Bottom Line: Sexual intimacy is a healthy activity for consenting adults. This blog provides many of the reasons to engage in sexual activity.

ED or Impotence May Be Sending A Message To Your Heart and Brain

October 22, 2014

Having trouble with your erections? You are not alone as nearly 30 million American men suffer from this problem. That’s the bad news. The good news is that erectile dysfunction or ED may be harbinger of something more ominous that may affect your health and well-being. This blog will discuss the connection between ED and heart disease.

No man wants to be diagnosed with erectile dysfunction (ED), but believe it or not, it could save your life. In many cases, ED is a precursor to cardiovascular disease and when diagnosed properly could reduce the chance of having a heart attack or stroke.

ED is the inability to obtain or sustain an erection. It is extremely common, affecting more than half of men over 60. Given our rising rates of obesity and sedentary lifestyles, there is a good chance that performance in the bedroom is not about emotional issues or the male anatomy itself. It may sound strange but the penis is the barometer of a man’s overall health.

You can imagine how a heart artery gets clogged in a person with high blood pressure, high cholesterol or diabetes. When that coronary artery, which measures around 1\8 inch, gets obstructed that little to no blood flows through it, that man is going to experience chest pain (angina) or a heart attack. The same holds true for the carotid arteries, which measure 1\2 inch and take blood up to the brain. When the carotid artery gets blocked, that man will experience symptoms of a stroke. Now imagine the tiny penile artery, measuring only 1\16 inch. Its smaller diameter makes it ultra-sensitive to blockages, resulting in erectile dysfunction the penile artery becomes blocked.

Our entire vascular system is connected and the same things that harm our big blood vessels to our heart and brain will affect our smallest ones as well. The common cause of all this is what’s called atherosclerosis. As the same systemic process takes place throughout our vascular system, it’s these small arteries in the penis that will feel the effects earlier and manifest the symptoms of ED before other organs such as a man’s heart or brain start to suffer.

A lack of erections or difficulty holding an erection may be one of the earliest signs of impending heart disease or a stroke. When a man experiences ED this should an alarm should for men, their partners and their doctors. It’s important to realize that ED and cardiovascular disease have the same risk factors. These include high blood pressure, diabetes, high cholesterol, smoking and excess weight. Realize, too, that all these risk factors are modifiable, meaning you can actually improve them to reverse or halt the damage that is being done.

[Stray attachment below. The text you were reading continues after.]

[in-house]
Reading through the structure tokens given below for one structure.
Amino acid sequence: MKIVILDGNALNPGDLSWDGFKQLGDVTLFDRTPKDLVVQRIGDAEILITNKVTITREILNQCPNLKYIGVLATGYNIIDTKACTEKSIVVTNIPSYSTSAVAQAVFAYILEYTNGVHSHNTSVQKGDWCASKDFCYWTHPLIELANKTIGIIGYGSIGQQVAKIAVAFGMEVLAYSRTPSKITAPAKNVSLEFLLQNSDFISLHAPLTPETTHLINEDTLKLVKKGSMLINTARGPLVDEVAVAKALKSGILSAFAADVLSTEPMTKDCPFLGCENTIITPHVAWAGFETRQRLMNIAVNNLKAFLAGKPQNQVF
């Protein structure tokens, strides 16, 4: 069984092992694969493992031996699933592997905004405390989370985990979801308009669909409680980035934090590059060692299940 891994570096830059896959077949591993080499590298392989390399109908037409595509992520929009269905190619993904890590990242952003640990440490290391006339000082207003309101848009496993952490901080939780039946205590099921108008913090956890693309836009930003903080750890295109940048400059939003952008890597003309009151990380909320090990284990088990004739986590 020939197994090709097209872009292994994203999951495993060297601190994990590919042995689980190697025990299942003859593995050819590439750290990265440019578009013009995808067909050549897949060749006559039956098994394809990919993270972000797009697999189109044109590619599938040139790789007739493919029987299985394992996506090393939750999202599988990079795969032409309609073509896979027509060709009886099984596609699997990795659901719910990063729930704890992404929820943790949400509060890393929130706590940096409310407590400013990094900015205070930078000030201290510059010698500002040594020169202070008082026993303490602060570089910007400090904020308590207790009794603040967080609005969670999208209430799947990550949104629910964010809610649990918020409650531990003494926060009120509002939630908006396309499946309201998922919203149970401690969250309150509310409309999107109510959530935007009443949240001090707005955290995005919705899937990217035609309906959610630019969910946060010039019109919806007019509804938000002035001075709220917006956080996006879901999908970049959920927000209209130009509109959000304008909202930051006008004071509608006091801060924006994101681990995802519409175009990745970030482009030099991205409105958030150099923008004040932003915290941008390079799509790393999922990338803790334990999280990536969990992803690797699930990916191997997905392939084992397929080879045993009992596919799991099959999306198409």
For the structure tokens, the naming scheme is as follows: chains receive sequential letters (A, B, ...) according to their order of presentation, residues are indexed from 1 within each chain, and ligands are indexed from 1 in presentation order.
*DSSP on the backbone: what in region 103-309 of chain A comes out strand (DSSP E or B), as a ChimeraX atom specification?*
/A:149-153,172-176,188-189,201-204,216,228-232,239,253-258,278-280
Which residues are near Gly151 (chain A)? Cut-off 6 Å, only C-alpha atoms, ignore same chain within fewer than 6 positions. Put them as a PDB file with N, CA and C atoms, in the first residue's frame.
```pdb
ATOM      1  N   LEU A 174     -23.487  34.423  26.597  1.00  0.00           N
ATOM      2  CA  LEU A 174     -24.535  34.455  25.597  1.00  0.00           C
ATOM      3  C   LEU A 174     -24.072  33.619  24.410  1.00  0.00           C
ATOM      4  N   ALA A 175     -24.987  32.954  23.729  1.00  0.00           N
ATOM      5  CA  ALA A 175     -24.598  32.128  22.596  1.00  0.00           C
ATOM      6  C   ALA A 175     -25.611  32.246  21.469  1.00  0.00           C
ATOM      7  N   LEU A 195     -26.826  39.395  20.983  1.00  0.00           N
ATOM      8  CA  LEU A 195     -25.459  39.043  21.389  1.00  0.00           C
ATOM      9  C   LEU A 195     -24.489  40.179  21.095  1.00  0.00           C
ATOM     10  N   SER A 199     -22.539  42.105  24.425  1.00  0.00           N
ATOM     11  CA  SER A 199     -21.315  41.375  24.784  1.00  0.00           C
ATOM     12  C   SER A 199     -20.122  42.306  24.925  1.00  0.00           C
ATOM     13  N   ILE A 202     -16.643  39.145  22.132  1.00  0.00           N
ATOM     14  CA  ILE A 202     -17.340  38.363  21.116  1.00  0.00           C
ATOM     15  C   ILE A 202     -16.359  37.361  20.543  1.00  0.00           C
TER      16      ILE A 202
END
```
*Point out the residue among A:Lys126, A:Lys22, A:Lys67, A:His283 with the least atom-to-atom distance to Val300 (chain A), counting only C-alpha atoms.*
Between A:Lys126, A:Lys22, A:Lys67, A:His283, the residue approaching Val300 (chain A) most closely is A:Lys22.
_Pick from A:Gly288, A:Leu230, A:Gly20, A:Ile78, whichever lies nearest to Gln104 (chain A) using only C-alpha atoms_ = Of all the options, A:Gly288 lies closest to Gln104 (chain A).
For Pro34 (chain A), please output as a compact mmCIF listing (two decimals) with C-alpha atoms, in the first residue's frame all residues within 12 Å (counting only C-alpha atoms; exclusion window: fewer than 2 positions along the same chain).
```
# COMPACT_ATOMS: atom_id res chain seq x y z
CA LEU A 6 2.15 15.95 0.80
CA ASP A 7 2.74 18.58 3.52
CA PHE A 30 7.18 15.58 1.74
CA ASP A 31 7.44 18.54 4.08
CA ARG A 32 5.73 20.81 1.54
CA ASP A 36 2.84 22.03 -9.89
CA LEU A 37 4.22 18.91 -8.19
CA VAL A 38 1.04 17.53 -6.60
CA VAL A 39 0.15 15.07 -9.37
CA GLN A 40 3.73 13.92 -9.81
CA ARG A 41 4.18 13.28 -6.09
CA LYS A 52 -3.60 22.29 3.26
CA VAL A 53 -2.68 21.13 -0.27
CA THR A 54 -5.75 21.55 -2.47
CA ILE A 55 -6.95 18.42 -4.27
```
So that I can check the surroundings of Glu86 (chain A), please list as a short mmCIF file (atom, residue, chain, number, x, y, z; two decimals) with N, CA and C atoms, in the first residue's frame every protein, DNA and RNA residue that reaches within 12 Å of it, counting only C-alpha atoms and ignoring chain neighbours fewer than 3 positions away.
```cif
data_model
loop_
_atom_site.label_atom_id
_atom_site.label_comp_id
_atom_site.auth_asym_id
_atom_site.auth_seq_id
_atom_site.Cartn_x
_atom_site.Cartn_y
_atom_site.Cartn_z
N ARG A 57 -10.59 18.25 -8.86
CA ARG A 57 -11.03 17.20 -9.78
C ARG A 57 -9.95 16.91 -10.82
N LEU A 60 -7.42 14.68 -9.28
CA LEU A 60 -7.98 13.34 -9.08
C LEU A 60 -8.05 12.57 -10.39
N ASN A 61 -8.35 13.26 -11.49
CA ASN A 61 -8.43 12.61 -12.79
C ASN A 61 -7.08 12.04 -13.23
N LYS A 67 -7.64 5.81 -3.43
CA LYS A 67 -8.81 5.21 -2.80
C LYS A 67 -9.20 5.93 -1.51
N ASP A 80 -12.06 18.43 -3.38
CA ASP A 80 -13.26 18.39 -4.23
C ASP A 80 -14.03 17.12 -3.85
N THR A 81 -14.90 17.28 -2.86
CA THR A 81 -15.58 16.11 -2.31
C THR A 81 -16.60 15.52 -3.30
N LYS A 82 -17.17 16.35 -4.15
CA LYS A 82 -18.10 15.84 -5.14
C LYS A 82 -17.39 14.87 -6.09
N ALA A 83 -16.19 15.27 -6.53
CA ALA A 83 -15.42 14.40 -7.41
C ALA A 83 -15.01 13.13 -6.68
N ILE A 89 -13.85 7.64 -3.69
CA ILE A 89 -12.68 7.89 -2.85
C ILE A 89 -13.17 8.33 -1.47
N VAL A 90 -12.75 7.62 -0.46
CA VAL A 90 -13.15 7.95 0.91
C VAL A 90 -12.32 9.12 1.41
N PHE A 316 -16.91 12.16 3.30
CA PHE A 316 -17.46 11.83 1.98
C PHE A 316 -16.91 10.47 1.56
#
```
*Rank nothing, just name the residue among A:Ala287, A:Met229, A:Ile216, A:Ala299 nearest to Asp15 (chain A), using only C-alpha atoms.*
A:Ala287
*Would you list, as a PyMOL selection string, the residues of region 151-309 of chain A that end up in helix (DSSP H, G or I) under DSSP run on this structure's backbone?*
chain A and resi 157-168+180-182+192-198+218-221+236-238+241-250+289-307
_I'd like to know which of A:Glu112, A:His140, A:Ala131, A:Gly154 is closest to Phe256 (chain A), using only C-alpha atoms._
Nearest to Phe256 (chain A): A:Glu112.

The message is: the recognition of ED as a warning sign of silent vascular disease has led to the concept that a man with ED and no cardiac symptoms is a cardiac (or vascular) patient until proven otherwise. Studies show that men presenting with only mild ED have a significant amount of undiagnosed high blood pressure, high blood sugar and high cholesterol, among other things. This is why men with mild ED, particularly if they are younger than 50, need to be screened for cardiovascular risk factors and have those risks treated aggressively. This means a visit to a doctor, having an EKG, and a stress test to see if there any decrease in blood supply to the heart.

We’ve come a long way since the days when ED was something men kept to themselves, too embarrassed to discuss with their friends or doctor. The introduction of pills (Viagra, Cialis, Levitra) to treat ED over 15 years ago opened the door for conversations about the condition.

The good news that lifestyle changes to modify risk factors, such as high blood pressure, elevated cholesterol level, obesity, and diabetes, that will provide the greatest benefit to a man’s overall health, not just his penis.

Bottom Line: ED can be a harbinger of impending heart disease or stroke. Don’t dismiss difficulty getting or holding an erection as this may indicate a future heart attack or stroke. See you doctor or urologist.

Recent Study Does Not Indicate Testosterone Use Doesn’t Increase Heart Risk

July 7, 2014

A few months ago an article appeared in the Journal of the American Medical Association (JAMA) that implicated testosterone as a cause of heart disease and stroke. But critics including several hundred physicians have attacked the study noting that among other things, the study including over 100 women among the 1,132 subjects studied. Over 25 international medical groups have demanded that JAMA retract the article.

A new study now points out that testosterone therapy didn’t increase the risk of heart attack, contrary to the JAMA study, and that it even lowered the risk of heart attack by about 30%.
In the latest study, published online in the Annals of Pharmacotherapy, researchers at the University of Texas Medical Branch used a national Medicare sample and compared the records of 6,355 men who had at least one testosterone injection between 1997 and 2005, with 19,065 non-testosterone users. The testosterone users were no more likely to have a myocardial infarction than the nonusers during the period, according to the study.

The researchers also ranked the subjects based on their predicted risk of heart attack for other reasons. For men in the quarter with the highest risk, the use of testosterone cut that risk by roughly 30%.